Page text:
Professor joins interdisciplinary team on $500,000 USDA grant

by Olivia Carle

Harrington School communication studies professor, Dr. Yinjiao Ye, has joined an interdisciplinary team of URI researchers to communicate the benefits of maple products.

The team, which consists of Navindra Seeram, professorof biomedical and pharmaceutical sciences in the College of Pharmacy, Christy Ashley, associate professor of marketing in the College of Business, and Ye, from the Harrington School of Communication and Media in the College of Arts and Sciences, will promote the maple industry in the Northeast.

Recent research conducted by Dr. Navindra Seeram, a professor of biomedical and pharmaceutical sciences, has found that maple syrup and maple-related products contain ingredients that benefit human health. Seeram’s research served as the cornerstone of a $500,000 USDA grant, which will fund the communication of these research findings.

The “Collaborative to Communicate Maple Benefits” initiative’s goal is to communicate the research findings and promote the consumption of maple syrup and other other maple-related products to the public. Ye’s responsibility throughout the 3-year project is “to build and monitor a website that documents our research and marketing activities on maple products, and to investigate the impact of the marketing activities.”

“The research will involve marketing maple products to the northeastern region market through various activities, such as social media campaigns and advertisements, community events, student engagement and involvement through classroom activities, as well as the evaluation of the marketing activities’ impact,” Ye said.

Ye noted that when this opportunity presented itself, she embraced it because of its connection to her interests and previous research.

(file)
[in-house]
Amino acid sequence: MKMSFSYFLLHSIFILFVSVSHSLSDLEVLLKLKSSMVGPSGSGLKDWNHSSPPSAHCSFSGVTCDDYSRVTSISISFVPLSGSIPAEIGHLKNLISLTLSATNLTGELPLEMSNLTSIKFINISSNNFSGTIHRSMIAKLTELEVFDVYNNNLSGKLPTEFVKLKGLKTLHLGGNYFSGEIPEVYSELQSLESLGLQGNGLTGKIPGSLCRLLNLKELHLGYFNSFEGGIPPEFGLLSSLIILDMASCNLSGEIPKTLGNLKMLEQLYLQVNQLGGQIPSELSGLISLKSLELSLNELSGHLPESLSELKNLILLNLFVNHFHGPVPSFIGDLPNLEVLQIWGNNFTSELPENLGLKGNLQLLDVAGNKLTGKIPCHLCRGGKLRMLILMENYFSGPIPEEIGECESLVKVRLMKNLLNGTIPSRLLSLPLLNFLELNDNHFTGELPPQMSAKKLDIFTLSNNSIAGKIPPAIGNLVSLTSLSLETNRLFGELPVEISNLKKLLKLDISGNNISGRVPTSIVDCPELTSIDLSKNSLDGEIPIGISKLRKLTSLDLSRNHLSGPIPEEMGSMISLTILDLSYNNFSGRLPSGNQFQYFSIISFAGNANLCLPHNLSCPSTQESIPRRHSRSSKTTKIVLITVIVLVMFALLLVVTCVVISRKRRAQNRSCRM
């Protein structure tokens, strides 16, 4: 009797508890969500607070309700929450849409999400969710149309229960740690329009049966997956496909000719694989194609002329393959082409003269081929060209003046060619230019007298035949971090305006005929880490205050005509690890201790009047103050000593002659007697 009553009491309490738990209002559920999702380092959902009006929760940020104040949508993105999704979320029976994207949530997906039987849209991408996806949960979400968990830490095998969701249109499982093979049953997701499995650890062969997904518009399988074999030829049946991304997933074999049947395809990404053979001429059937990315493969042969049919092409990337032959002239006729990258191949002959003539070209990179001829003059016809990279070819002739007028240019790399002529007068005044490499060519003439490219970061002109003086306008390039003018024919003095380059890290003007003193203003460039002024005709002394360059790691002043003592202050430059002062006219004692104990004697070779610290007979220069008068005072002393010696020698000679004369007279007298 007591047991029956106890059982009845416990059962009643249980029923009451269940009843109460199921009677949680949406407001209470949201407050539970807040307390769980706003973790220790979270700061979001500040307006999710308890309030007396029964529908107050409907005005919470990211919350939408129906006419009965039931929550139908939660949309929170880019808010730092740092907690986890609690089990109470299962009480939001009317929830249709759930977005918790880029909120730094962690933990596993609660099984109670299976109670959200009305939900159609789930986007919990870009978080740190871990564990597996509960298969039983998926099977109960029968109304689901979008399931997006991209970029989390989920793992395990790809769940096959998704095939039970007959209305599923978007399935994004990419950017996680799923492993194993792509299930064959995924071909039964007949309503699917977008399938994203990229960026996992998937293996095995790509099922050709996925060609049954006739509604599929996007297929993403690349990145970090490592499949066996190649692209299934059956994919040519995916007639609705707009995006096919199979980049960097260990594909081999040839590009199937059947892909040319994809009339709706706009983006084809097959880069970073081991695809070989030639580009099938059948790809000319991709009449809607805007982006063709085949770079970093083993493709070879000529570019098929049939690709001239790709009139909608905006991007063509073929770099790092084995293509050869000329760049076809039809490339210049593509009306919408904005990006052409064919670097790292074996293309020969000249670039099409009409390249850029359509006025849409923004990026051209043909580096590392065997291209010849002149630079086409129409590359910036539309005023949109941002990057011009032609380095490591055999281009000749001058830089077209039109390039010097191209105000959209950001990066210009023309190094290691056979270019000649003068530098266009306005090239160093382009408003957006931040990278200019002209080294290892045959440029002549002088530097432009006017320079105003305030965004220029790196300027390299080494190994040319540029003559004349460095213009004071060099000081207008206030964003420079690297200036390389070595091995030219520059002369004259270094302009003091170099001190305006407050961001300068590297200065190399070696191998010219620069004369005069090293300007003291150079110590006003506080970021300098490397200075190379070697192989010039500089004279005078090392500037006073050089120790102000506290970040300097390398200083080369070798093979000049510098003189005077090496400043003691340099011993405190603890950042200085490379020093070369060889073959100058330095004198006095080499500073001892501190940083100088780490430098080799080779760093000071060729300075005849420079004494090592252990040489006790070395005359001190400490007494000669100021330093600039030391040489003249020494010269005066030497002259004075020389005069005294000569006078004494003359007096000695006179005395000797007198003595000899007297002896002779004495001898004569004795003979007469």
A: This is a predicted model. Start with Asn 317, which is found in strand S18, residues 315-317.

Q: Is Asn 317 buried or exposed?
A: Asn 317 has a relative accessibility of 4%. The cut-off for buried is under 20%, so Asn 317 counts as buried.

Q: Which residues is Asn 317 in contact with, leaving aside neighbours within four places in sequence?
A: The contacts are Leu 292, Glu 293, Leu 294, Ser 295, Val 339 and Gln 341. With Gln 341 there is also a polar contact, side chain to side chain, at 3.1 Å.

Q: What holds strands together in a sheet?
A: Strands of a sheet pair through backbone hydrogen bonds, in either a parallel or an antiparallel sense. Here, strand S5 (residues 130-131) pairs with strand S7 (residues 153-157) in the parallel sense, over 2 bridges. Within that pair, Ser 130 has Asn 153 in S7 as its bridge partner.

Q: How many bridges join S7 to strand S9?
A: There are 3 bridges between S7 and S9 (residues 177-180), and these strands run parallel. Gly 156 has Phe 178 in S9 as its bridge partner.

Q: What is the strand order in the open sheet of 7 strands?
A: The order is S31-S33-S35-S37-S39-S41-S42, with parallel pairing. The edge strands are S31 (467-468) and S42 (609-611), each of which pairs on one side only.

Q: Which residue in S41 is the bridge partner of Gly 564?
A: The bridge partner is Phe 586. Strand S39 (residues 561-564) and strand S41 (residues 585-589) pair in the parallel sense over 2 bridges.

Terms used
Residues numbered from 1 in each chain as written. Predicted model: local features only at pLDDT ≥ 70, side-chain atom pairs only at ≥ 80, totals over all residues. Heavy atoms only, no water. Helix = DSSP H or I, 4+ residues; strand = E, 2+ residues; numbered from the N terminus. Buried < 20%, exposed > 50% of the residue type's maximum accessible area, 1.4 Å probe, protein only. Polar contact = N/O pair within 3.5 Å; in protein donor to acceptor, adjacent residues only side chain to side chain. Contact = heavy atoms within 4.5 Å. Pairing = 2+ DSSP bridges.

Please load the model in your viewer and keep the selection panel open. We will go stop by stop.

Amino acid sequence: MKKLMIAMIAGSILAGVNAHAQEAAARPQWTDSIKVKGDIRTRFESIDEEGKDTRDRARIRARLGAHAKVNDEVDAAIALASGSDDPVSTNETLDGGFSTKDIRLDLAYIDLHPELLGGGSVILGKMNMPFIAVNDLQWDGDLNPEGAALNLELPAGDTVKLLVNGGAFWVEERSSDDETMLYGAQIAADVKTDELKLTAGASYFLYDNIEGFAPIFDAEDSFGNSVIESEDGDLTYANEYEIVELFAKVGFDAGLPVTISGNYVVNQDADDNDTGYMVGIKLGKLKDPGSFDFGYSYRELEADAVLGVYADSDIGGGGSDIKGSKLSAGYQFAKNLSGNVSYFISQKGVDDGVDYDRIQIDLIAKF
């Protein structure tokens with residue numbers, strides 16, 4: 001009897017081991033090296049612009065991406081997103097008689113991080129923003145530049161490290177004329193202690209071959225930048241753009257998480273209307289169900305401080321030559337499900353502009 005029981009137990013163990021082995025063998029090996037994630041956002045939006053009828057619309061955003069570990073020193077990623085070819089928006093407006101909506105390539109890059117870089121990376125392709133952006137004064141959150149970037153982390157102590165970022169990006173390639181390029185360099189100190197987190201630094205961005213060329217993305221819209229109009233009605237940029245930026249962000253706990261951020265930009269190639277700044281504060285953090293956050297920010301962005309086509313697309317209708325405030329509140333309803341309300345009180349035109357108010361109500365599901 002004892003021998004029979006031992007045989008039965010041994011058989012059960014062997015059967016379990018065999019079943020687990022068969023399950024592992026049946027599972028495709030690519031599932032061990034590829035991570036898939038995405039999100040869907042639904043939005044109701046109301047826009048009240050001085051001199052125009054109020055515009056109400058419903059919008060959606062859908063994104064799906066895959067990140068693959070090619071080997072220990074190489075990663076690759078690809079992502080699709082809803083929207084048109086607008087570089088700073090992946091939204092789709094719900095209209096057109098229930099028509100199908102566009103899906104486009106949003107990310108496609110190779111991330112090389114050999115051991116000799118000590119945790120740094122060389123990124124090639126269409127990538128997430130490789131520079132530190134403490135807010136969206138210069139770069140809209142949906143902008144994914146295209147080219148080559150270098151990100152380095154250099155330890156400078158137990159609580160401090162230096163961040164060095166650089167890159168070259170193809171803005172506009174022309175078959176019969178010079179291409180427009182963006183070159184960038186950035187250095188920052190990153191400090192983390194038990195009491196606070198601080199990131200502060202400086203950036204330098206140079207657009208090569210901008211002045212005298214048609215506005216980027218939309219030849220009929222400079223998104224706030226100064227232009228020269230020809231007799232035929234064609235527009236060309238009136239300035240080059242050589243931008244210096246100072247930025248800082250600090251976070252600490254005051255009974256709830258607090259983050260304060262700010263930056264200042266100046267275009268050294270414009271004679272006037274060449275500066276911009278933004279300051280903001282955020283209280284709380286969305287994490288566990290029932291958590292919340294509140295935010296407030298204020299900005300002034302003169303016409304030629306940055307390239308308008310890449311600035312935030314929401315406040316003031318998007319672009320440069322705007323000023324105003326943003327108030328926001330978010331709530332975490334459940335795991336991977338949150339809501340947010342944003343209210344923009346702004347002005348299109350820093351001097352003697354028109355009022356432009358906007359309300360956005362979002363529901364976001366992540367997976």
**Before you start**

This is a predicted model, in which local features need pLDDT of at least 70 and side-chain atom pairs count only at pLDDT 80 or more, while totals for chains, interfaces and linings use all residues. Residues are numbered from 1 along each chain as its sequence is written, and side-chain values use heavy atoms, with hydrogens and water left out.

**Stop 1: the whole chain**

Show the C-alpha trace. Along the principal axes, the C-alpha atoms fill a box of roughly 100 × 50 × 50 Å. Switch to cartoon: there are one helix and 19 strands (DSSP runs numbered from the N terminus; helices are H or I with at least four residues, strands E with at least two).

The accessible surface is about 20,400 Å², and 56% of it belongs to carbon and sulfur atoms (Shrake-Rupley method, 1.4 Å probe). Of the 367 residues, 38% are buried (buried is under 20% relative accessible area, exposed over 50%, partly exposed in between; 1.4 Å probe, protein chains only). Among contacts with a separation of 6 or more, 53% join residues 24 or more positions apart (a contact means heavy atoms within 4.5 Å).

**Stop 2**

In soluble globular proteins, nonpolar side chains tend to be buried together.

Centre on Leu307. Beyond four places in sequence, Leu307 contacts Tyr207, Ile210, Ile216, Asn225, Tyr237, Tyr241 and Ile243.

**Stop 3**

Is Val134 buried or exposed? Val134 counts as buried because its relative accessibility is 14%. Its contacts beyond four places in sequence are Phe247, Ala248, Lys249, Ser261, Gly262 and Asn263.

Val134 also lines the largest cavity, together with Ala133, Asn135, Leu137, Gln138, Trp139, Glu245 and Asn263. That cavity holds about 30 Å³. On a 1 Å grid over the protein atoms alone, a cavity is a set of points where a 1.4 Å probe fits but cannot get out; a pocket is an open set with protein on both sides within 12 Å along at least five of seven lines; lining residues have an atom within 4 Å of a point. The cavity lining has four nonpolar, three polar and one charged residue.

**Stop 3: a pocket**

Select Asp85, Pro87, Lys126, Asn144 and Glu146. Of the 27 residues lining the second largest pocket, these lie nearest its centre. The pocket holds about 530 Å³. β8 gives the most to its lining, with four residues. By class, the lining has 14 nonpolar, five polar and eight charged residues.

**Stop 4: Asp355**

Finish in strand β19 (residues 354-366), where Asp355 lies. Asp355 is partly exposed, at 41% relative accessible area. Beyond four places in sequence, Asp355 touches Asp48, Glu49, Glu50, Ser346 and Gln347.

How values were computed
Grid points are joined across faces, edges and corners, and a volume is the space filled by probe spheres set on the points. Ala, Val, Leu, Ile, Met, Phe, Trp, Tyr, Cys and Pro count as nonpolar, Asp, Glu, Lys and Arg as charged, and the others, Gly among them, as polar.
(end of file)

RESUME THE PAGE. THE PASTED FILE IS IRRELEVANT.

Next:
“It is built upon my long-term research interest and expertise on social media and health communication. I have published research on media, health, [and] media effects.”

Following the release of this information to the public, Ye said that she hopes that people will begin to see the benefits of maple-syrup and other maple products, and perhaps make a change in their diets.

“Hopefully they will recognize the health benefits and switch to a healthier choice of sweeteners,” Ye said.

Ye has not only considered the impact that the initiative will have on the general public, but also how it will impact URI and students.

“We have an excellent research team on maple at URI, and I hope that through the project and future continuing research on maple, URI will be more noticeable to the northeastern region, the nation, and the world by its strong research on maple and its health benefits,” Ye said. “Students will also benefit from the research project by being involved in related research and teaching activities. We are designing a couple of marketing and health-related courses based on the project.”